What's The Difference Between Sativa And Indica Cannabis Strains?

Marijuana — you know the name and the stigma, and you likely know there's been progression regarding recreational and medicinal usage. However, not all marijuana or cannabis are the same. Here are the significant differences to pay attention to.

With cannabis becoming more accepted and available, it's important to understand the different types you can choose from. According to Healthline, there are two major types of cannabis with two distinct profiles when it comes to the effects they have. To make more sense of these types, you must first know a little about cannabis.

Cannabis is a plant that contains naturally occurring ingredients that dictate the effects the plant has when ingested, vaped, or smoked. One of these impactful components is the chemical compound cannabinoids. The two major cannabinoids are THC which is responsible for the "high" psychoactive aspect of cannabis, and CBD, which provides physical benefits such as pain relief or reduction of seizures without the feeling of being "high." 

Terpenes are the other naturally present aspect of cannabis that determine the effects of the plant. There are many terpenes, such as limonene which provide a citrus smell and effects like boosted mood and reduced stress. Nine other terpenes and their direct impacts have been recognized, including pinene, ocimene, myrcene, linalool, caryophyllene, bisabolol, terpinolene, humulene, eucalyptol. What are the differences between sativa and indica regarding these compounds and their effects?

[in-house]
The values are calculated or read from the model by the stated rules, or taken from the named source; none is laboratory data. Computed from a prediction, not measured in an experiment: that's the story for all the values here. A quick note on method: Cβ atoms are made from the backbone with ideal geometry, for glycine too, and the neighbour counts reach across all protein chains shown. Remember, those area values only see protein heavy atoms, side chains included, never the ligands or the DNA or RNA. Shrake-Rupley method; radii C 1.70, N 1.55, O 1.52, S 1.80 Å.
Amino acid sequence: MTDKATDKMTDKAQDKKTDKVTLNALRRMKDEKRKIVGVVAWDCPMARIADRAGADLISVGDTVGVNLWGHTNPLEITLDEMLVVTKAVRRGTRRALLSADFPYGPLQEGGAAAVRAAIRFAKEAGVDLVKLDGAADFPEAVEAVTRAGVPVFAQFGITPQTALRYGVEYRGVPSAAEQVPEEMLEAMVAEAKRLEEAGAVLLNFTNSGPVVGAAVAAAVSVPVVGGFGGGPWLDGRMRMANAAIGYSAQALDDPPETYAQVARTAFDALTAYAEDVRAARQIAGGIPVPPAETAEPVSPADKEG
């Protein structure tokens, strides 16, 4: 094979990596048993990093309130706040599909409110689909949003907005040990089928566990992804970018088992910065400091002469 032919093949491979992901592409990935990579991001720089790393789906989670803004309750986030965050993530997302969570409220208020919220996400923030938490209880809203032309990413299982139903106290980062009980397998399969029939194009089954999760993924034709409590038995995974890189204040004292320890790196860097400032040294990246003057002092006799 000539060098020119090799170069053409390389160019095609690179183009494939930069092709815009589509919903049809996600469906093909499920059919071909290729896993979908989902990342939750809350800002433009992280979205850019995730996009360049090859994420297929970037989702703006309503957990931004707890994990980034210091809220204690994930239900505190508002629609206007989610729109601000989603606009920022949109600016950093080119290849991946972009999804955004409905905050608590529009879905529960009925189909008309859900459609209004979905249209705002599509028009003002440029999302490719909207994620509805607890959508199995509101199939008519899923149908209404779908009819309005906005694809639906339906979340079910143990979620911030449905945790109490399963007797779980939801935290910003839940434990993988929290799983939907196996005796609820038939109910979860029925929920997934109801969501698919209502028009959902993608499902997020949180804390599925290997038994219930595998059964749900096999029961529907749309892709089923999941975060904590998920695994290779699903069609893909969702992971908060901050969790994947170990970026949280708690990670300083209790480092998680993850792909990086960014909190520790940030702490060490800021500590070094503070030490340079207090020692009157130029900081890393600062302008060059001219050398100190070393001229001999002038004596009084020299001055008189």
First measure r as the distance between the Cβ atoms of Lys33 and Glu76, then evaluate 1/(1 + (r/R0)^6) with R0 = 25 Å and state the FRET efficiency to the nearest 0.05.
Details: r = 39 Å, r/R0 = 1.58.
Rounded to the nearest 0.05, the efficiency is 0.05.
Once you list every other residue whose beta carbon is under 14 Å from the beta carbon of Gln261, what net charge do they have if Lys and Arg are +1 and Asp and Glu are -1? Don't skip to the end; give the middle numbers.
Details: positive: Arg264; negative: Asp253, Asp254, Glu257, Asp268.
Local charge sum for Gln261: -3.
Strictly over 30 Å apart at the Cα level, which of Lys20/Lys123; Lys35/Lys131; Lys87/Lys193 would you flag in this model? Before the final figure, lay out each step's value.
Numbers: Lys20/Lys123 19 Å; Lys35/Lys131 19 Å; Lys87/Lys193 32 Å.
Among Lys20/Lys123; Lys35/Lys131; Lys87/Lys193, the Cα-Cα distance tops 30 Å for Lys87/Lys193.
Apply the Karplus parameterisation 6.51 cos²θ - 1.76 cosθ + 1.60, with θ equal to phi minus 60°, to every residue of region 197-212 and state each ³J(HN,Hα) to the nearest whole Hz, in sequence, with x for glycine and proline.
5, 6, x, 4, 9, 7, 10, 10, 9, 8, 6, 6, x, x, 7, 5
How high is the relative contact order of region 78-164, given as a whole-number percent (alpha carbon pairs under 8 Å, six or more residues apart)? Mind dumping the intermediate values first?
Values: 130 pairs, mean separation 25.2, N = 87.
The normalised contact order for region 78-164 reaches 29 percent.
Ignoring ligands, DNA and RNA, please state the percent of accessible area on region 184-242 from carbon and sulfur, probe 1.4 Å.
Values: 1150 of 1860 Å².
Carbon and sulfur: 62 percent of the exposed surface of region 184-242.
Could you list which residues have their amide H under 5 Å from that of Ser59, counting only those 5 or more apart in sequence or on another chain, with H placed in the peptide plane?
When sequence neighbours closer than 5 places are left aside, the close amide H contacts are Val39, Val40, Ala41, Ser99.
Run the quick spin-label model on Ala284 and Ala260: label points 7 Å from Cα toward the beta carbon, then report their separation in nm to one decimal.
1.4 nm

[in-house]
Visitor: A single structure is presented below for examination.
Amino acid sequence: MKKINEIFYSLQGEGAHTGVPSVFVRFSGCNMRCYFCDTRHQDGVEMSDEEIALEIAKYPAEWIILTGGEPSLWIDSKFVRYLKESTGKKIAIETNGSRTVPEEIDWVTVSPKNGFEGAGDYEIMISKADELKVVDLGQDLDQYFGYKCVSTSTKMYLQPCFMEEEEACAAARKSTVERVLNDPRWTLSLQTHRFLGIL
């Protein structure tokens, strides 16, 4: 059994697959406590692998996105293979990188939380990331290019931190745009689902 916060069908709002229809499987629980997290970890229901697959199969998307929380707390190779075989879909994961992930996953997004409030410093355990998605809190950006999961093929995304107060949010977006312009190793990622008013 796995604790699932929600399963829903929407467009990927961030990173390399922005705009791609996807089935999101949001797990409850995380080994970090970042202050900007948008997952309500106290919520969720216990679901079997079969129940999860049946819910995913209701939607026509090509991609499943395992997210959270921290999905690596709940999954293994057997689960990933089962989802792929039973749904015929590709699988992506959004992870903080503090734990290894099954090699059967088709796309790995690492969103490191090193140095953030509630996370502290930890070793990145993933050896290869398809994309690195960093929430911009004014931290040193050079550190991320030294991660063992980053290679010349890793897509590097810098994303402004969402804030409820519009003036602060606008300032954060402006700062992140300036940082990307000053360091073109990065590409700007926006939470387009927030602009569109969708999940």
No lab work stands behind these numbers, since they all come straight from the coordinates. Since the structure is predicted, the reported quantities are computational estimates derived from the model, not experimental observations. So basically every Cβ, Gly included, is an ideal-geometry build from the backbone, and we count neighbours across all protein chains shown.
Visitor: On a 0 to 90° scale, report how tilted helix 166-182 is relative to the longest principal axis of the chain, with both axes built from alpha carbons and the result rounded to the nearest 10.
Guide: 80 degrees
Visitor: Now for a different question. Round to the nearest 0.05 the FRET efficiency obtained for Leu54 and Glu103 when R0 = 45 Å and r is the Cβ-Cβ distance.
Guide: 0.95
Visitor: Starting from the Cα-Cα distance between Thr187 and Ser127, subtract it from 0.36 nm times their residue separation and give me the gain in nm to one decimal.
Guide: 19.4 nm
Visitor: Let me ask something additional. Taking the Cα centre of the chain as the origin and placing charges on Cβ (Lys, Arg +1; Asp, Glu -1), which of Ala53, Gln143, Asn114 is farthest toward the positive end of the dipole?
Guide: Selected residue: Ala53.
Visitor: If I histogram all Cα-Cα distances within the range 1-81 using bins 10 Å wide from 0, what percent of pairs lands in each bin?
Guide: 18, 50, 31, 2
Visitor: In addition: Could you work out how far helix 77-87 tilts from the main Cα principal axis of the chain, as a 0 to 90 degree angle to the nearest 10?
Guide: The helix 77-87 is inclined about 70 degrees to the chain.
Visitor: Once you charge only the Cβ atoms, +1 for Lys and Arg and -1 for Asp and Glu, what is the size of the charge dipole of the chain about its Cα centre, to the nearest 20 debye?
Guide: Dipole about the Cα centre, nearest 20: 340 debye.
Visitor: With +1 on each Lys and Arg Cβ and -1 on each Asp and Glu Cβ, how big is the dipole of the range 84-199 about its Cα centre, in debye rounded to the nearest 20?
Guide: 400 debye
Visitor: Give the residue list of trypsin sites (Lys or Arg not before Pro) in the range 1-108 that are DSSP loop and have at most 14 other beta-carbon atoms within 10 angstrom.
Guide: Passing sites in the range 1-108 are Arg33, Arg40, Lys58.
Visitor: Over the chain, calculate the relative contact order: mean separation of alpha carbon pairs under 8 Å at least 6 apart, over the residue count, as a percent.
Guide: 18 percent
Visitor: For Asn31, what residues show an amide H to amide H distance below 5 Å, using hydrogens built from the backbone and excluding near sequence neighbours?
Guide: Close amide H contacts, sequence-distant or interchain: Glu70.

Indica and sativa are on opposite sides of the spectrum

The two species or strains of the cannabis plant are Cannabis Sativa and Cannabis Indica (per Medical News Today). Cannabis sativa is the invigorating or energizing side of cannabis suggested for daytime use, with many using it to boost mood, productivity, or creativity. This is because of the combination of cannabinoids and terpenes but also because sativa has higher levels of THC. The sativa plant, which is native to Southeast Asia, and Central and South America, is visually distinguishable with tall, skinny, light green leaves.

Indica is said to be on the other side of the spectrum as it contains higher CBD levels, provides more relaxing effects, and is used to relieve pain, sedate, and stimulate appetite, per Medical News Today. It's native to the Middle East and differs visually, looking bushy and short with dark green leaves. Since they are the same species, both plants grow well in hot, sunny climates. Cannabinoids and terpenes will appear in varying combinations to make each cannabis experience unique, including separating sativa from indica.

The world is changing, though, regarding categorizing these different strains (via Healthline). Since "strain" has a negative connotation in medicine, the cannabis industry is moving away from it. Luckily, instead, they are attempting to move forward defining cannabis using three more descriptive and user-friendly terms, Type I: high THC, Type II THC/CBD combined, and Type III: high CBD. As we learn and better understand cannabis, changes like this will likely continue and help reduce its stigma.